Am I liable? (Insurance)

aviatorrbt

New Member
Hey everyone. I know this may sound like a dumb question, but I need an answer. This is the layout of my situation. I am a non-commercial pilot that works at an FBO as a lineman. I have been going on flights with a friend of mine in a Pilatus that flies only Part 91, sitting in the right seat.

A respected person from the company said that I need to discuss the situation with the owner because he believes the company I work for might be liable if the plane were to have an accident. I guess his idea comes from the fact that the same company was sued a while back because of a mishap with one of their old flight instructors being in an accident while flying another plane for a different company or individual. This instructor quit but I guess he was still legally working at the FBO because the paperwork was not official or something. (?) Anyways, the FBO lost the suit. He believes I/my company may be liable because I am a pilot who is flying with a different company.

I think this is incorrect as would any person glancing at the situation. However, being young and not knowing much about legal aspects, is there anyway that this may be true? By me going with on the Pilatus trips, is it not the same thing as me going on a flight with one of my friends in his C172? If I am not getting paid as an pilot employee for this company, there should be no connection between the two companies. Right?

Thank you for your time.
 

skydog

New Member
If you're really concerned about this you can do one of two things: 1) stop going on flights, or 2) check with an attorney.
 

Barty

Well-Known Member
You would think so, but in today's lawsuit lottery, motion them to death until they settle legal environment, there is no telling what may happen if someone were to catch wind that you worked for such and such FBO, even if it was just a pleasure flight. Just a couple of months ago in the AOPA Pilot there was a story where the organizer of an event (a charity, for that matter!) that was going on at the same airport where this guy took someone up for a flight, got named as a defendant in a wrongful death suit. Some of these attorneys have absolutely no shame and are doing nothing but going after whomever they can find that has deep pockets or an insurance company who will settle rather than drag it out in court. Scum doesn't even begin to describe these kinds of "people".

If these are for-hire flights, you would need to just make sure that it is clear that you are nothing but a passenger. If you have ANY logged time from dead-head flights, etc. (you CAN log the time with a PPL in this aircraft, it doesn't require a type-rating from what I can tell) you may very well want to consult with an aviation attorney to see what your employer's exposure might be if someone gets ahold of your logbooks as part of the aftermath of an accident in this airplane. At the very least, it may be worth the money to buy a non-owned aircraft liability policy that would at least put an additional layer between a lawyer and your employer if something were to happen with you at the controls.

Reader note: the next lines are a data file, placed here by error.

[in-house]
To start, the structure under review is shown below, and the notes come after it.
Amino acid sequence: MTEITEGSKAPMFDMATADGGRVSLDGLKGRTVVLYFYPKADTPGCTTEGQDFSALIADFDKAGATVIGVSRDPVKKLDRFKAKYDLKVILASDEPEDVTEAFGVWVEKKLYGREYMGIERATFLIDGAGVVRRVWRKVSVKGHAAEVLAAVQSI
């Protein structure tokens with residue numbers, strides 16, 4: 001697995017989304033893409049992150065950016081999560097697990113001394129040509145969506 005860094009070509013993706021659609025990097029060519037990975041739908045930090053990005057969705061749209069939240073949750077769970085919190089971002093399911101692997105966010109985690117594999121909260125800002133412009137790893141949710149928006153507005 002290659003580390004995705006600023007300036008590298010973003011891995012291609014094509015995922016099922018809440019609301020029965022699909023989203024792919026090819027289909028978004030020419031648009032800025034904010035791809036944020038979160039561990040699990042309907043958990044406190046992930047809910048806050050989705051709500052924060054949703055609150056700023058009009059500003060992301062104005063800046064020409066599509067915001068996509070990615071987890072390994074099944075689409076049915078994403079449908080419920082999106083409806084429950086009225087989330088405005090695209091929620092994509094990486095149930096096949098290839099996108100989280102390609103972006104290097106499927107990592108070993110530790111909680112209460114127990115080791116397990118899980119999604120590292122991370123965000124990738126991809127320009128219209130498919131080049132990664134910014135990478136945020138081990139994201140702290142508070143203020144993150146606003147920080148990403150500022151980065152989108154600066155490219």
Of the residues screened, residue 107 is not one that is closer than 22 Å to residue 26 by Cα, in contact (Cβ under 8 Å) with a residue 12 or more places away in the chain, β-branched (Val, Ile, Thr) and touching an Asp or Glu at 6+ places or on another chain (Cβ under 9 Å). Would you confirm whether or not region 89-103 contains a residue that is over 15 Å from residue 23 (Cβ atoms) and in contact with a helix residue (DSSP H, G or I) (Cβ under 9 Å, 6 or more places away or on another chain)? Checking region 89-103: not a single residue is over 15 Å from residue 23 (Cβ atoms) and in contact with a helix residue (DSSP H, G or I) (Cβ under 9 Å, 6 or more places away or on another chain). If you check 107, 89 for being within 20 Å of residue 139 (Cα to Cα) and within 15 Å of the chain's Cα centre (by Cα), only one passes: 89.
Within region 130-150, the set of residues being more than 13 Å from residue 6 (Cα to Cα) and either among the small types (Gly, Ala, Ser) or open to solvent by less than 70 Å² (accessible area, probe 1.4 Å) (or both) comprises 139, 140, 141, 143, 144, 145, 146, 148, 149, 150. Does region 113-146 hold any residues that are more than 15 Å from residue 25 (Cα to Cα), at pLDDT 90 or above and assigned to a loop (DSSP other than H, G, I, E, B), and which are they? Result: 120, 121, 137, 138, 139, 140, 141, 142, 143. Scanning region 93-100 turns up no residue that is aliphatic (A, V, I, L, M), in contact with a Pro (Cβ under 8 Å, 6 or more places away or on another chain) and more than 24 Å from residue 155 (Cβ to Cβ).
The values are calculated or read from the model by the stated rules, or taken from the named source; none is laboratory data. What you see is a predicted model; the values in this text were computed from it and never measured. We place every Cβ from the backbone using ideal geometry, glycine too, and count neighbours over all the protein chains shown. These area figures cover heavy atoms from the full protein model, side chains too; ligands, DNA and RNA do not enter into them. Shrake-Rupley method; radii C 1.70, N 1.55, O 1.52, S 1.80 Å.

L-16B

Well-Known Member
You would think so, but in today's lawsuit lottery, motion them to death until they settle legal environment, there is no telling what may happen if someone were to catch wind that you worked for such and such FBO, even if it was just a pleasure flight. Just a couple of months ago in the AOPA Pilot there was a story where the organizer of an event (a charity, for that matter!) that was going on at the same airport where this guy took someone up for a flight, got named as a defendant in a wrongful death suit. Some of these attorneys have absolutely no shame and are doing nothing but going after whomever they can find that has deep pockets or an insurance company who will settle rather than drag it out in court. Scum doesn't even begin to describe these kinds of "people".

If these are for-hire flights, you would need to just make sure that it is clear that you are nothing but a passenger. If you have ANY logged time from dead-head flights, etc. (you CAN log the time with a PPL in this aircraft, it doesn't require a type-rating from what I can tell) you may very well want to consult with an aviation attorney to see what your employer's exposure might be if someone gets ahold of your logbooks as part of the aftermath of an accident in this airplane. At the very least, it may be worth the money to buy a non-owned aircraft liability policy that would at least put an additional layer between a lawyer and your employer if something were to happen with you at the controls.